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Faith, Science…and Poets too

Though Chris Uhlman landed his essay a bit haywire (too wimpish, I suspect, no matter where one falls on these conversations), he offers some interesting wrestlings with the role of faith in the public square. 

Here’s a teaser:

The older I get the less certain I become and the more bewildered I am by the unshakable convictions of both strident believers and atheists.

However, I am certain that I have little time for those who hold believers in contempt. And I have begun to suspect that, in the West, science is assuming the altar once carved out for God.

We have steadily replaced the absolute moral certainty of theocrats with technocratic absolutism…That is not a criticism of science because real science admits uncertainty. It is taking issue with those who suffer only one kind of knowing and deride all else as cant.

And you might know me well enough to know that I loved this line:

The place where technocrats fall silent is precisely the place where poets, artists and priests take up the story. 

What can we know? And how can we know it? And who gets to decide what the ground rules are for such things? 

If you want to go further, you may want to peek at Dallas Willard’s new book, Knowing Christ Today: Why We Can Trust Spiritual Knowledge. Here, Dallas makes the case that knowledge grounded in faith (and defining this loosy, sometimes-sentimentalized word “faith” is crucial to his work) is a valid way of knowing.

4 thoughts on “Faith, Science…and Poets too

  1. If science is assuming the altar once carved out for God, it is doing so incredibly slowly. The vast majority of Americans still believe in a higher power. Those who believe that religion is poison, as much as they dominate the airwaves, find themselves in a vanishingly small minority.

  2. I've also recently read that 45% or so of scientists hold some version of belief in a god/higher power. This god notion is either a false myth that runs very deep or the truest of myths that won't die because it is enduringly true.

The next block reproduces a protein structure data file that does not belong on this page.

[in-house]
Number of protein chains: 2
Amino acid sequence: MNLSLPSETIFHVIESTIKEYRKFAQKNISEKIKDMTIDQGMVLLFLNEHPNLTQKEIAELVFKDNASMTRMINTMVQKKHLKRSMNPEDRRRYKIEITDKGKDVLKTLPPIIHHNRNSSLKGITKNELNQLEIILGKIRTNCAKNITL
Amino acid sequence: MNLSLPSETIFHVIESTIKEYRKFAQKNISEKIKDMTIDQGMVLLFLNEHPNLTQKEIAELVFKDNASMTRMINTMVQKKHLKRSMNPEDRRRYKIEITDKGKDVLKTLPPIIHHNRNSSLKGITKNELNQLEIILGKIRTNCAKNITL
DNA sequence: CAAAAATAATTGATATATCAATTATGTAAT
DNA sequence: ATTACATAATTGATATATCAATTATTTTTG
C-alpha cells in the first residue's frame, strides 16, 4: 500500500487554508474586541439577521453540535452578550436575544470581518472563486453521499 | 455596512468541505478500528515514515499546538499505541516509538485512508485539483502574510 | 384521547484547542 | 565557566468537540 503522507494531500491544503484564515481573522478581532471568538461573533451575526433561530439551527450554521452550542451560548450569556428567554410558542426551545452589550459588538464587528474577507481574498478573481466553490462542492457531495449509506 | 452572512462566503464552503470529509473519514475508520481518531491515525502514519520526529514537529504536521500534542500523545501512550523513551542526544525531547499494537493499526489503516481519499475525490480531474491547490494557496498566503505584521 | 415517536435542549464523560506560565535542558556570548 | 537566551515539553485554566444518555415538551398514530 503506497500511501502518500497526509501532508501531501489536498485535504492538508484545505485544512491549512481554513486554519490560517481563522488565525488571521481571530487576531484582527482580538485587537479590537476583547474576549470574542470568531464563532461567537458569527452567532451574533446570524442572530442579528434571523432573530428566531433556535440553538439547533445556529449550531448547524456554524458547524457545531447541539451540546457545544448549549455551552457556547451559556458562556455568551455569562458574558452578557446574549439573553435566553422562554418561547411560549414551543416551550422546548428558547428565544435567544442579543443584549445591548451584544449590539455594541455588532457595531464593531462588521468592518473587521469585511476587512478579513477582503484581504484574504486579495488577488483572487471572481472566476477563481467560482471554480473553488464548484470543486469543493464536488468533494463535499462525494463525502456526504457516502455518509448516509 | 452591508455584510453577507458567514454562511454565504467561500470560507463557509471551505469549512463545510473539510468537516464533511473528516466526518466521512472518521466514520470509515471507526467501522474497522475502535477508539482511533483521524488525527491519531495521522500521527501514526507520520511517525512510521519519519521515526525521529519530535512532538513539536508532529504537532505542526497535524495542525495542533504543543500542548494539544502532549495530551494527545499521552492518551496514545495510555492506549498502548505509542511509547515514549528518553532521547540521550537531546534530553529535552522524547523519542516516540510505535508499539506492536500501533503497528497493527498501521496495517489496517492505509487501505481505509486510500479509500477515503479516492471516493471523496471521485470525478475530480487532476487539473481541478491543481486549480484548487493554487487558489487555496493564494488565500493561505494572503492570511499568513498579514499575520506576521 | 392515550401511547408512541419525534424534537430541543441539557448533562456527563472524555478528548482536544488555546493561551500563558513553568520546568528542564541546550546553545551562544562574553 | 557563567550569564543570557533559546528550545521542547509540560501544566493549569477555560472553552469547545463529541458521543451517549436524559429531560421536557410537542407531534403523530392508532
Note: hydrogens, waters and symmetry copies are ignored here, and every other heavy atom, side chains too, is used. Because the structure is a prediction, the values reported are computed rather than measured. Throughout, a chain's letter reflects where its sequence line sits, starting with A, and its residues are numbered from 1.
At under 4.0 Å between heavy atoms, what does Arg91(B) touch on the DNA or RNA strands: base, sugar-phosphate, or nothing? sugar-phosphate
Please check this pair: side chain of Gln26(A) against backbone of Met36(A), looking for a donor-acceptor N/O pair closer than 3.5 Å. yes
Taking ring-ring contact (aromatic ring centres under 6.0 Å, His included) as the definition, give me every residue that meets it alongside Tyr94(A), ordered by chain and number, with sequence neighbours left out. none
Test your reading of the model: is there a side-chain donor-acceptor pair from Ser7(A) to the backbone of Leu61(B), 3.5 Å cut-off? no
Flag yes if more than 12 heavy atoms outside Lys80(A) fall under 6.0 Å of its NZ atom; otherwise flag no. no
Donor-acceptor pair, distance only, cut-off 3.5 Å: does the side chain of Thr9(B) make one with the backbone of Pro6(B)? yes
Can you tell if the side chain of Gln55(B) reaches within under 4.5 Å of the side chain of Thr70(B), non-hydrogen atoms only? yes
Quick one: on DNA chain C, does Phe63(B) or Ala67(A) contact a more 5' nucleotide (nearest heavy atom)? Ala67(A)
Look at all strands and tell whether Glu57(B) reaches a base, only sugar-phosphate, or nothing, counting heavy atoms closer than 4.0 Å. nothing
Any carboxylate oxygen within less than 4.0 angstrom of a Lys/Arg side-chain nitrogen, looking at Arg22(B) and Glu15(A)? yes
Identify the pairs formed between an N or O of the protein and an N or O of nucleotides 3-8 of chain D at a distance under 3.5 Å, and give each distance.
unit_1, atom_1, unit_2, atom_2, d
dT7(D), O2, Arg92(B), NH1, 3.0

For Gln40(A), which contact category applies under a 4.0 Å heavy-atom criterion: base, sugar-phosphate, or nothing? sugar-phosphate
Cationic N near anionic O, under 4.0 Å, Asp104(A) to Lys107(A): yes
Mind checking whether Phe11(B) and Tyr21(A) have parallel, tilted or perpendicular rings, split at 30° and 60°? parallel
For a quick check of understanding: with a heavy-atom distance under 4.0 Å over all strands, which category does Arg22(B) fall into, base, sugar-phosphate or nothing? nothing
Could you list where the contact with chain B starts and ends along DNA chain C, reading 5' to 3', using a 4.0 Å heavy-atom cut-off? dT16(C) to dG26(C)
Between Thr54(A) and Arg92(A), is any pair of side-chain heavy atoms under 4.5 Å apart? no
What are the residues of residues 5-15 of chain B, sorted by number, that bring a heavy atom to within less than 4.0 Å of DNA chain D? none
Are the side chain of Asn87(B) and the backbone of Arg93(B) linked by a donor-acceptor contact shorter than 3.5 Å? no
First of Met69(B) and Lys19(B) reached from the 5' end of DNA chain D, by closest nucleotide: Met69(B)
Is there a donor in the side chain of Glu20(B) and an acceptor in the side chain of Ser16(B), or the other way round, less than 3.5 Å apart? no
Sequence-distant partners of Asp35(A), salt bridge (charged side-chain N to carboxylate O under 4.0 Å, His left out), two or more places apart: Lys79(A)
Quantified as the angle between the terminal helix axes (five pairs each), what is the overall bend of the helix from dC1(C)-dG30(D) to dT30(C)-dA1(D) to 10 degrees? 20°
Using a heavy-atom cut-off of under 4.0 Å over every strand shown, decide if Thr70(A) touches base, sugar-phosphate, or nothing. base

It still seems to me that though the vast majority of us cling to some idea of a god, we don't give that god a whole lot of power. Popular perception seems to be that you go to god for faith-y things, but you go to science for real knowledge, for answers and truths that are anything other than just my opinion.

  3. Should we be surprised that most scientists make science their god?

    I absolutely agree, the god of the majority is not a very powerful god. We also must understand the limits of what science can teach us, or rather what we can teach ourselves through science.

    I'm struggling to process the idea that most folks go to God for "faith-y things" and science for "real knowledge." Do I think we can find real knowledge through science? Yes. Through God? Yes. Still, knowing Ohm's law is a very different thing than knowing the golden rule. I feel most people understand this.

    However, with the advent of social evolution and evolutionary psychology an increasing number of people are turning to science to construct their entire framework of belief. Are enough folks doing this to proclaim that science is disassembling God in the public consciousness? I'm not so sure.

  4. Yes, I would hope it seems self-evident that Ohm's Law (any relation to Juli, by the way???) and the Golden Rule are different. However, in the academy and in the way it plays out in popularized version, often (how often, I couldn't say – but not irregularly) the hard sciences are perceived as the realm of things you can truly know because they are verifiable, testable, etc. However, god-things are the realm of "faith," often defined as things you can't really know because, in that framework, scientific knowledge makes the rules.

    I do believe this stranglehold is cracking and has been for quite sometime. However, I think it's one of the assumptions modernity was built on – and we still have a good bit of the after affects.

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